By Lindsay, aka State College Laser Cat
This weekend turned out to be an unexpected race weekend for me. This makes the second summer in a row where I’m not quite ready to give up on my late-summer activities, but I know that the ‘cross season transition is coming up, so I just jump into a random race to get it over with. Last year I was working really hard on my gravel climbing late in the summer, so I decided to cap that off with the sudden decision to do a gravel race that was pretty darn flat and favored pack riding. The past few weeks I’ve been working on getting familiar with the stages of the Transylvania Epic with special focus on the enduro segments to prepare for my big 2017 goal, but last weekend I decided to do a 22-mile climbing-heavy mountain bike race on terrain that I know nothing about. Basically, I say to myself, “Well, I’ve been working really hard and improving on this thing, so I’m totally ready to compete against other people, except let’s find a version that doesn’t really favor the aspects that I’ve been working on.”
Of course, I didn’t actually have that as a conscious thought last week. Instead I was just overwhelmed by choosing just TSE stage to brush up on during my final weekend of freedom before cyclocross began. During this pondering, I realized I’d never ridden in Michaux State Forest, even though it isn’t that far. I remembered that the last race of the Michaux endurance series was that weekend, and I thought I might try that. It turned out that the registration fee had risen to a too-steep-for-a-whim $70 that close to race day. Regardless, my brain had already switched to race mode when my husband messaged me about the Laurel Classic in Northern PA with a low, low entry fee of $25. I entered the expert class because the distance was the same between sport and expert, and expert had a payout. At the time I registered there was only one expert woman and zero in sport, so I figured second place expert money beat uncontested first place sport “glory”.
As soon as I stepped out of the car on race morning, I said, “It feels gross out here.” It was hot and sunny, yet the air still retained enough humidity to feel like a wet blanket bogging down even basic activity. When the race started, I immediately fell behind the expert men and the former pro woman to who made up the rest of the class. This was unsurprising, as I had only hoped to get a good time for myself and not actually beat the other woman. However, the “manageably hard” pace that I thought I was setting at the start devolved into “barely able to keep pedaling and I might burst into flames if I weren’t already soaked” as the four-mile opening gravel climb wore on. At that point, I only hoped for a downhill to generate some air to cool me off.
It was still a while before that wish was granted, as we kept climbing even after entering the singletrack. Once we did finally get some downhills, I started to feel better and was ripping the oddly smooth (compared to the Rothrock rocks that I’m used to) descents on my Camber, which I had briefly regretted choosing over my hardtail during the opening climb. So it went for the first half of the race, miserable pedaling, but feeling pretty good on the downhills.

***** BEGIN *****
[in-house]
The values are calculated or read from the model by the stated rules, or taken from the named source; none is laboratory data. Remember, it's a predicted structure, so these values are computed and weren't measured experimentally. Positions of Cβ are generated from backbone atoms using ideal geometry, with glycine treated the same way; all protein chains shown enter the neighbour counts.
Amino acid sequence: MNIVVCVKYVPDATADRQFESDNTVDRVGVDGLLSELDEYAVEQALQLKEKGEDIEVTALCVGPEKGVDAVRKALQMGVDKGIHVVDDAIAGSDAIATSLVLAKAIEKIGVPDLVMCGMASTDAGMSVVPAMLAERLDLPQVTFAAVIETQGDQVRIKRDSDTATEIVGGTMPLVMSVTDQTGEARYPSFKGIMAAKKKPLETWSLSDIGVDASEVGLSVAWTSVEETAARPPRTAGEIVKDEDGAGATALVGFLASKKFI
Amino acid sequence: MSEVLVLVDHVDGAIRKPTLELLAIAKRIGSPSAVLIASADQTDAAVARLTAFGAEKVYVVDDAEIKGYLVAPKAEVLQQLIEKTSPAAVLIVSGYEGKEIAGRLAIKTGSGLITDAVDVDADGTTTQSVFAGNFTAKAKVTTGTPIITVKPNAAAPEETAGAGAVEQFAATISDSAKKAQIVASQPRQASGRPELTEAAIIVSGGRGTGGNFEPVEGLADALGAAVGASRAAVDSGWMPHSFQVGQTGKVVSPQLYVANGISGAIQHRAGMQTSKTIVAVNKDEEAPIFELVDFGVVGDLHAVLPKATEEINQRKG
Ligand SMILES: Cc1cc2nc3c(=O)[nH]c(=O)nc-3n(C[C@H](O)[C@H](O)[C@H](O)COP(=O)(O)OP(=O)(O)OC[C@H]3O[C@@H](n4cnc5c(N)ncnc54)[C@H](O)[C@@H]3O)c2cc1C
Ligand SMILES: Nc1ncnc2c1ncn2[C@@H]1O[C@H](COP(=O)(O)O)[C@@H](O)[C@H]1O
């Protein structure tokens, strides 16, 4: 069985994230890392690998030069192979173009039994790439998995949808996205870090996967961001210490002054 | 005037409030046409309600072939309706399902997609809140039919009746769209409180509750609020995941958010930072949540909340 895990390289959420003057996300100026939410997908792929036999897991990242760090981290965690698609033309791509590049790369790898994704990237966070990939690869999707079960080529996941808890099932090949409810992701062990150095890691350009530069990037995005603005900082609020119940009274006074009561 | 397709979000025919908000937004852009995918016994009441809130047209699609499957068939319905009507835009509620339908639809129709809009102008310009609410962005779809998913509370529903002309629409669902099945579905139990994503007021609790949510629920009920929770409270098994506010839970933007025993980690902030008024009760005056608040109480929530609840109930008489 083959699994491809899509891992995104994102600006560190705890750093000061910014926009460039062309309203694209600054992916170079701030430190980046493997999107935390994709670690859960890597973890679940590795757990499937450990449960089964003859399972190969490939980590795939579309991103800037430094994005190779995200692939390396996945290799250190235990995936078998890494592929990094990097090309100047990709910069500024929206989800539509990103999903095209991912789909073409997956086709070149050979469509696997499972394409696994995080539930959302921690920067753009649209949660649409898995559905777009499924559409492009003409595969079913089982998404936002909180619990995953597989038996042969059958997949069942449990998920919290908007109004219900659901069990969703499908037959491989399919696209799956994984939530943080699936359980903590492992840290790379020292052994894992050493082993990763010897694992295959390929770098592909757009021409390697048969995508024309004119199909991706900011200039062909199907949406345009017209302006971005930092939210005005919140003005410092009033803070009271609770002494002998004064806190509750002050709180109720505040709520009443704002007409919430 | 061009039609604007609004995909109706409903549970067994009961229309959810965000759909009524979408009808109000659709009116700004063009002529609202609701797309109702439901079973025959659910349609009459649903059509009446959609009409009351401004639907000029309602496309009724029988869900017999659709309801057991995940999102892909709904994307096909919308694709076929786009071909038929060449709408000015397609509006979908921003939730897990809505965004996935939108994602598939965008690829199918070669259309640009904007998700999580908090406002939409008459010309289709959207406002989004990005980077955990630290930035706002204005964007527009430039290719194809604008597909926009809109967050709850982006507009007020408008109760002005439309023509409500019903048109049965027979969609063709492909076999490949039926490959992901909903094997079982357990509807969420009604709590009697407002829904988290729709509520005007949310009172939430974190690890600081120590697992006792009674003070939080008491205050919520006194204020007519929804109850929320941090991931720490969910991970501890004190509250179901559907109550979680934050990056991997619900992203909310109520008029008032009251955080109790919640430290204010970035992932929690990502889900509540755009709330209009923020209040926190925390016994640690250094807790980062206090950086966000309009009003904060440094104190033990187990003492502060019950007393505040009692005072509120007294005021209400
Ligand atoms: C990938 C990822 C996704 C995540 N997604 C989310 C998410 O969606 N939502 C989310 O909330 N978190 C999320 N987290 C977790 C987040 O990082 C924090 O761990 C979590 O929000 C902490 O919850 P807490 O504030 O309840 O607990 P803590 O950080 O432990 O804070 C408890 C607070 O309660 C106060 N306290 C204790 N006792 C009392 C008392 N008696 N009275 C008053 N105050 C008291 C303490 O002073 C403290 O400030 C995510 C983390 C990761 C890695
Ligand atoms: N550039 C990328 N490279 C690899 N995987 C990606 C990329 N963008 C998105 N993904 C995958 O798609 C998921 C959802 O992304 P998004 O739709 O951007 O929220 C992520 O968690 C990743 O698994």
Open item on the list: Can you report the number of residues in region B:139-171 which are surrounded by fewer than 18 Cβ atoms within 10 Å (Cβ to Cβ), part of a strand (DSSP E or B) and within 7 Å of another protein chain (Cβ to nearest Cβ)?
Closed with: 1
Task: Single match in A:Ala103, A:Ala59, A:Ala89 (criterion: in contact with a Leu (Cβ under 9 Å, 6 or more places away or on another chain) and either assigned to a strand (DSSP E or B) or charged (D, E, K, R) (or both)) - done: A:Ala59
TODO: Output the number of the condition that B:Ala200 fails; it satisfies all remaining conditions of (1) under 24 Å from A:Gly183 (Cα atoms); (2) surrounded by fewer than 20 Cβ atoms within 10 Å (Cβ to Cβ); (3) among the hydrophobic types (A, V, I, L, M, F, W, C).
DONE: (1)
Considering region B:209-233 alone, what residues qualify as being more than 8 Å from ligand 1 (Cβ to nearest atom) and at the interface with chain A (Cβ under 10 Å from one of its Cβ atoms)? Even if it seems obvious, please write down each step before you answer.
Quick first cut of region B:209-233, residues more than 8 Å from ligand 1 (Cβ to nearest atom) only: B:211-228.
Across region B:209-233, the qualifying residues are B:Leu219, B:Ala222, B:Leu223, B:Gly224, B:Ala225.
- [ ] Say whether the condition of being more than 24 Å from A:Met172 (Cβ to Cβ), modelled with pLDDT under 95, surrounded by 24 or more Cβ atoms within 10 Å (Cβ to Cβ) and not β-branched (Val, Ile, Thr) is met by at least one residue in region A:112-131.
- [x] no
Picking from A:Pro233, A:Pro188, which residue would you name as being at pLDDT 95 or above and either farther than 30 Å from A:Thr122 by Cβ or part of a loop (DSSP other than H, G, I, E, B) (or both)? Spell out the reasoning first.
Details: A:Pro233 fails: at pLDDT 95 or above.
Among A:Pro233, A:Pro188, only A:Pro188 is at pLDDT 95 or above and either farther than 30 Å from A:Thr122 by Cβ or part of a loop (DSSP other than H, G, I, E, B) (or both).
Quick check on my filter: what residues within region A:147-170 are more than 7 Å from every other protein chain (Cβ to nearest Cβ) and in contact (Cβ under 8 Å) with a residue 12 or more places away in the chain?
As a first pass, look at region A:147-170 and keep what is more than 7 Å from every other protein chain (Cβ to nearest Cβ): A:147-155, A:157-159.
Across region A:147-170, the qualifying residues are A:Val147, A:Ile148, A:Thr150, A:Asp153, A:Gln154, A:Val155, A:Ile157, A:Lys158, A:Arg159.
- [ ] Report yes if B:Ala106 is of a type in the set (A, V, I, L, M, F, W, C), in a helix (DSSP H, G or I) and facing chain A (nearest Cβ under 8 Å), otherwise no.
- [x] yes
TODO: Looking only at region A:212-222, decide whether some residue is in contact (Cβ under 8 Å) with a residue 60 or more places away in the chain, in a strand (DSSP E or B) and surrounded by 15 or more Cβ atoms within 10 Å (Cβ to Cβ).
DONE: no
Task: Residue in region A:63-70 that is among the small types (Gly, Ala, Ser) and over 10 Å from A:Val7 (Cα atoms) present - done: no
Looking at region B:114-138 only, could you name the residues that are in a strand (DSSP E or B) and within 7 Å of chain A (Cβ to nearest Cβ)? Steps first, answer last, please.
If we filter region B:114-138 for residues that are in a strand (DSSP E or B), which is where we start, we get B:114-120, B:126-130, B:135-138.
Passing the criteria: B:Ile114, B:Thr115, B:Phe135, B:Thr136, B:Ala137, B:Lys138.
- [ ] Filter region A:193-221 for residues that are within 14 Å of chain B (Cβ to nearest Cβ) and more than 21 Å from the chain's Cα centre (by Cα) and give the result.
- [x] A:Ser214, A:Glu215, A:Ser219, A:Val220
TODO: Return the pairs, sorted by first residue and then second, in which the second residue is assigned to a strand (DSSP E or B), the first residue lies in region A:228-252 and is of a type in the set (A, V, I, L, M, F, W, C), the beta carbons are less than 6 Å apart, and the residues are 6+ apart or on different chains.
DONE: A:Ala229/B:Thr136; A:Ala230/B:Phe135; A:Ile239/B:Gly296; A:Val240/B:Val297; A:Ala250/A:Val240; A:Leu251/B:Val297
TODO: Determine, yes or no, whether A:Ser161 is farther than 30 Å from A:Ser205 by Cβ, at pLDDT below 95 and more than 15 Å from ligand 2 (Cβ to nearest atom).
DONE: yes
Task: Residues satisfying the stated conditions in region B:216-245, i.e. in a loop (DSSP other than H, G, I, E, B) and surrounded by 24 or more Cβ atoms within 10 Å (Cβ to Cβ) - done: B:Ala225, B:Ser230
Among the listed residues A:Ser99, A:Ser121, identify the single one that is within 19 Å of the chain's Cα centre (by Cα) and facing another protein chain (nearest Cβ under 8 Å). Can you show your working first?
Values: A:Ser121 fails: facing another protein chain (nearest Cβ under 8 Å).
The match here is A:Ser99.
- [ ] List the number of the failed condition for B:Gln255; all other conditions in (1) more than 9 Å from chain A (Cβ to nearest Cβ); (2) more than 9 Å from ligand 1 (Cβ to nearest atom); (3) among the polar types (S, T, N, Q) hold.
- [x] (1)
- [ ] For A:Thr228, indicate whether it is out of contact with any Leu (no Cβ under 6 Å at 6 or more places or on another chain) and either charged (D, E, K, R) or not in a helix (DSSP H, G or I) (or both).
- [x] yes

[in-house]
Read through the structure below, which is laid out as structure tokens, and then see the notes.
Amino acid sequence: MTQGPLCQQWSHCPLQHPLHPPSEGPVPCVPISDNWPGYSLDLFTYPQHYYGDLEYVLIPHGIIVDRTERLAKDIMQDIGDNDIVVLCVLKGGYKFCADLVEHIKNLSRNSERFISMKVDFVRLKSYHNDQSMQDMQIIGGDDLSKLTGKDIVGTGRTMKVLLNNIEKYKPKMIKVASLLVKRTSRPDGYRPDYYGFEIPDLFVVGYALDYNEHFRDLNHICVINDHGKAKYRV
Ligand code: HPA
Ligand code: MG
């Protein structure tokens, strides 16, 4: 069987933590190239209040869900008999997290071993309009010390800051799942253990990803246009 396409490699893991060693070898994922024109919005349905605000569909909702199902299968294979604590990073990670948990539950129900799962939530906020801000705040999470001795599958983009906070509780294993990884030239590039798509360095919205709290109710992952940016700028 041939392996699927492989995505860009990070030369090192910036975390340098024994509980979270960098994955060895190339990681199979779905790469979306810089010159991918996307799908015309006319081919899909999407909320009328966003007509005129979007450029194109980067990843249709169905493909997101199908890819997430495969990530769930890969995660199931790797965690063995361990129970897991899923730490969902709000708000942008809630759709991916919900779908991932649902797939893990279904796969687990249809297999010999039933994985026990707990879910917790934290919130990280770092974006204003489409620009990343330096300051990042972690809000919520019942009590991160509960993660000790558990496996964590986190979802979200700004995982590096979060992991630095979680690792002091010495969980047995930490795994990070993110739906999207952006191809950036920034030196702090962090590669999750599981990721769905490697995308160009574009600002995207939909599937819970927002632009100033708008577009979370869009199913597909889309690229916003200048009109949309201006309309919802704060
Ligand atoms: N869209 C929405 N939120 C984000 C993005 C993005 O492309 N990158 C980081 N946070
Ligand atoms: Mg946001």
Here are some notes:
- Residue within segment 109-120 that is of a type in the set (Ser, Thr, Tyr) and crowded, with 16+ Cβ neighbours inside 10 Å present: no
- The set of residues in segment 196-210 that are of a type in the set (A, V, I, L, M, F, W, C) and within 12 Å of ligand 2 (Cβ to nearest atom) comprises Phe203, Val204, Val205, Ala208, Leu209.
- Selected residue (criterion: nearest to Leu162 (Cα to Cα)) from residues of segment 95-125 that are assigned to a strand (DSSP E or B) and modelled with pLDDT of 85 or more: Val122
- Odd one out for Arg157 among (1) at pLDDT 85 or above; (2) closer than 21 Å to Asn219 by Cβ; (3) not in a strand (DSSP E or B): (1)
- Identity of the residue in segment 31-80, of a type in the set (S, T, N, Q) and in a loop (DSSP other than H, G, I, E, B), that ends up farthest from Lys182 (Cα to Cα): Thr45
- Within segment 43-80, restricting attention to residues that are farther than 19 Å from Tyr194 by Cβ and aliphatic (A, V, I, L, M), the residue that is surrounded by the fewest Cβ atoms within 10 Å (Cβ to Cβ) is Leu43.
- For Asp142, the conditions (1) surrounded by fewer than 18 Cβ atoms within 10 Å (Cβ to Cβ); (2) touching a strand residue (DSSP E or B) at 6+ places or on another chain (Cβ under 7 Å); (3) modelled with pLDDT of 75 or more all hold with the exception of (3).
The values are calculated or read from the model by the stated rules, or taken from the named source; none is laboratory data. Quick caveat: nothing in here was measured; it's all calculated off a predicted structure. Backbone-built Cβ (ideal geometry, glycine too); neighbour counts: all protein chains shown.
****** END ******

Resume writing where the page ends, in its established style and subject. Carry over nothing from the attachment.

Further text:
There was an hour and a half time cutoff halfway through the race, and I was beginning to think that I wouldn’t make it. It turns out that the cutoff was really at about 10.5 miles, and I had unknowingly passed it with just a few minutes to spare. Unfortunately, I’d drained my single water bottle and still had good chunk of slightly muddy false flat singletrack followed by a long logging road climb before I could refill. With my legs already Jello, and my head and stomach pounding from the heat, the “Green Monster”, as it was called, nearly brought me to tears. The base of such a climb when I was not feeling well would normally involve a swig of water, a gel, and some steeling of my resolve, but with an empty water bottle, even that ritual was for naught. The climb up to the water station involved a lot of walking and whining.
Once I was at the top and had refilled, refueled, and dumped some cold water on myself, I felt okay to finish the final nine miles of the course, which thankfully would be mostly downhill. I was disappointed to look down as I left the aid station to see that my time was already at my goal time of 2:30, and that I still had nine miles to go. I made it through a few more miles of false flat single and double track, and in the end I was rewarded with an exceptionally long stretch of smooth, straight, bench cut downhill to the finish.
I got in two minutes after the awards were supposed to have started, so I had no time to clean up before the podium that I was still a part of, despite being one of the last people left on the course. I was surprised to win $50, because the purse was listed as 100% payback, which for two women at $25 apiece, seemed like it should have been $50 total. It was cool winning that much money, but I also felt weird about it, because it’s situations like mine that give promoters ammunition against giving equal payouts to women.
So I guess the racing Bandaid has been ripped off, and it’s time to settle into a couple of months of entry fees, weekend alarm clocks, and long car rides. I guess that also means skinsuits, Laser Cats friends, and post-race trips to craft breweries, so that part is cool. I’ll be back next with a report on how my first experience with “gravelduro” goes.